“A whole percentage point on your mortgage rate is due to what is going on in mortgage markets,” said Scott Buchta, a mortgage analyst at Brean Capital. “The volatility in the market has been passed through to consumers as well.”
Tara Siegel Bernard covers personal finance. Before joining The Times in 2008, she was deputy managing editor at FiLife, a personal finance website, and an editor at CNBC. She also worked at Dow Jones and contributed regularly to The Wall Street Journal. @tarasbernard
A version of this article appears in print on , Section B, Page 1 of the New York edition with the headline: Taking Stock Of Climbing Home Rates. Order Reprints | Today’s Paper | Subscribe
Credit card pre-approval makes signing up for your first credit card a lot easier.
The credit card marketplace is crowded, and every issuer is advertising to get your attention. But they may not tell you (or only tell you in the fine print) which cards you’re actually likely to get approved for, or which will score you the best interest rates.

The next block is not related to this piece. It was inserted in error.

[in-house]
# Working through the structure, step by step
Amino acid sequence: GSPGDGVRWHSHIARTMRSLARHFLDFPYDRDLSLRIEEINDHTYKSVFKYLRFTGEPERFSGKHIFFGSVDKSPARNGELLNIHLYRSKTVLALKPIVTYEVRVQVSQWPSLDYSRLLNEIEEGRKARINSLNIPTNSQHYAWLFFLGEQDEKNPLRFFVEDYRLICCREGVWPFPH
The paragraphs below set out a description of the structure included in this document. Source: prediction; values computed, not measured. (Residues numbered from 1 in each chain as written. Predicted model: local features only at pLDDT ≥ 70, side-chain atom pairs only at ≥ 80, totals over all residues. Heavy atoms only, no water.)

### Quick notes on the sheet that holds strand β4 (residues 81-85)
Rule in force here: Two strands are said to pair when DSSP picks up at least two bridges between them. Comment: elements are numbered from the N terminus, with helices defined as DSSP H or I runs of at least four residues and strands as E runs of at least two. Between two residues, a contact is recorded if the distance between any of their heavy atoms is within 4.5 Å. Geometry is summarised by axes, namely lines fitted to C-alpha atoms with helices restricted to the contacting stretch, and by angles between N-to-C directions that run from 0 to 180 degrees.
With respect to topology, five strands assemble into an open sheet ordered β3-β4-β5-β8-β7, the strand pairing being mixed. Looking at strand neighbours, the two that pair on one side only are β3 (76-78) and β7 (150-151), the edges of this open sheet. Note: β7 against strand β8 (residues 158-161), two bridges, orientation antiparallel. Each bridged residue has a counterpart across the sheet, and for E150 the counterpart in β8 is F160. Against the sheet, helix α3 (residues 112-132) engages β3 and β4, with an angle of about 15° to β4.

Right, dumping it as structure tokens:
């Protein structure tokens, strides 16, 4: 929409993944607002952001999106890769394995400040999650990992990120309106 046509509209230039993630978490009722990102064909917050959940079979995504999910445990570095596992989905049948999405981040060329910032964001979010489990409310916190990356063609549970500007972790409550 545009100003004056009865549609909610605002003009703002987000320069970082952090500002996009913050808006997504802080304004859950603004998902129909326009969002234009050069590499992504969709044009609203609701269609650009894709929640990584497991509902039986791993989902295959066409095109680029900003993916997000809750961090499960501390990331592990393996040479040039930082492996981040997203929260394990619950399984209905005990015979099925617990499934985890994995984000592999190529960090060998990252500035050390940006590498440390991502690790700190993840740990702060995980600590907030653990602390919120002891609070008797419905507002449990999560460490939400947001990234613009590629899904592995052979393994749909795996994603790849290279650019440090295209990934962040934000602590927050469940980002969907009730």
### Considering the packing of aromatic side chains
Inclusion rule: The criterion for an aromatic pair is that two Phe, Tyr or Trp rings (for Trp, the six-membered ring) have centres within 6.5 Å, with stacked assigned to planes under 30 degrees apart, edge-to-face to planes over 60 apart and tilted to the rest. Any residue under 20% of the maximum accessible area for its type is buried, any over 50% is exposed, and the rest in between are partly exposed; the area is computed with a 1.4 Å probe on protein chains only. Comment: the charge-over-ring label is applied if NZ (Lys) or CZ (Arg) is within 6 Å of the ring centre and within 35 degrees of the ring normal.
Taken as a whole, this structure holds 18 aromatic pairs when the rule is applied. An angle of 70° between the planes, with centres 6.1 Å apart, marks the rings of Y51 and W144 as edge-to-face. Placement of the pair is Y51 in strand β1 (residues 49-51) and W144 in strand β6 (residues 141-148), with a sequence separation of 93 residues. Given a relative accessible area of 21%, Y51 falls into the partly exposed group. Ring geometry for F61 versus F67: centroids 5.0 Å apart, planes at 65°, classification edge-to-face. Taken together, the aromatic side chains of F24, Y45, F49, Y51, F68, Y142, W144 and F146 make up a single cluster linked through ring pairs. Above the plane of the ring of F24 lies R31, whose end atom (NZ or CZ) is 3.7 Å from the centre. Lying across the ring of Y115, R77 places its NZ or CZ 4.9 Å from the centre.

A little research into good credit cards can help you cut through the noise, and the pre-approval process helps you narrow down which cards are the best fit for your (cloth or virtual) wallet. It’s a low-risk opportunity to pick the credit card with the features you want — and to make sure you qualify.
What is pre-approval?
Credit card companies are always on the lookout for new customers. One way they find potential cardholders is by pre-screening credit reports from the major credit bureaus.
They identify consumers whose credit scores and reports are in the ballpark of what the company looks for — like no bankruptcies, no delinquencies for several months, and a score below the company’s minimum cutoff.
Then they’ll send a pre-approval card offer to these consumers.
It’s important to remember that pre-approval doesn’t mean you’re automatically qualified for the card. But it does mean you’ve made the “first cut” by fitting the credit card issuer’s most basic requirements.
What’s the difference between pre-qualification and pre-approval?
Some issuers use the term “pre-qualified” instead of “pre-approved.” Though these terms are sometimes used interchangeably, they describe different types of offers based on who initiates the process.
Pre-qualification for a card means the customer (you) makes the first request.
If you’re interested in a specific card, you can go to the company’s website and fill out some basic info. The company responds by showing you the cards and offers you might qualify for if you made a formal application. At that point, you’re “pre-qualified” and can decide whether or not to apply.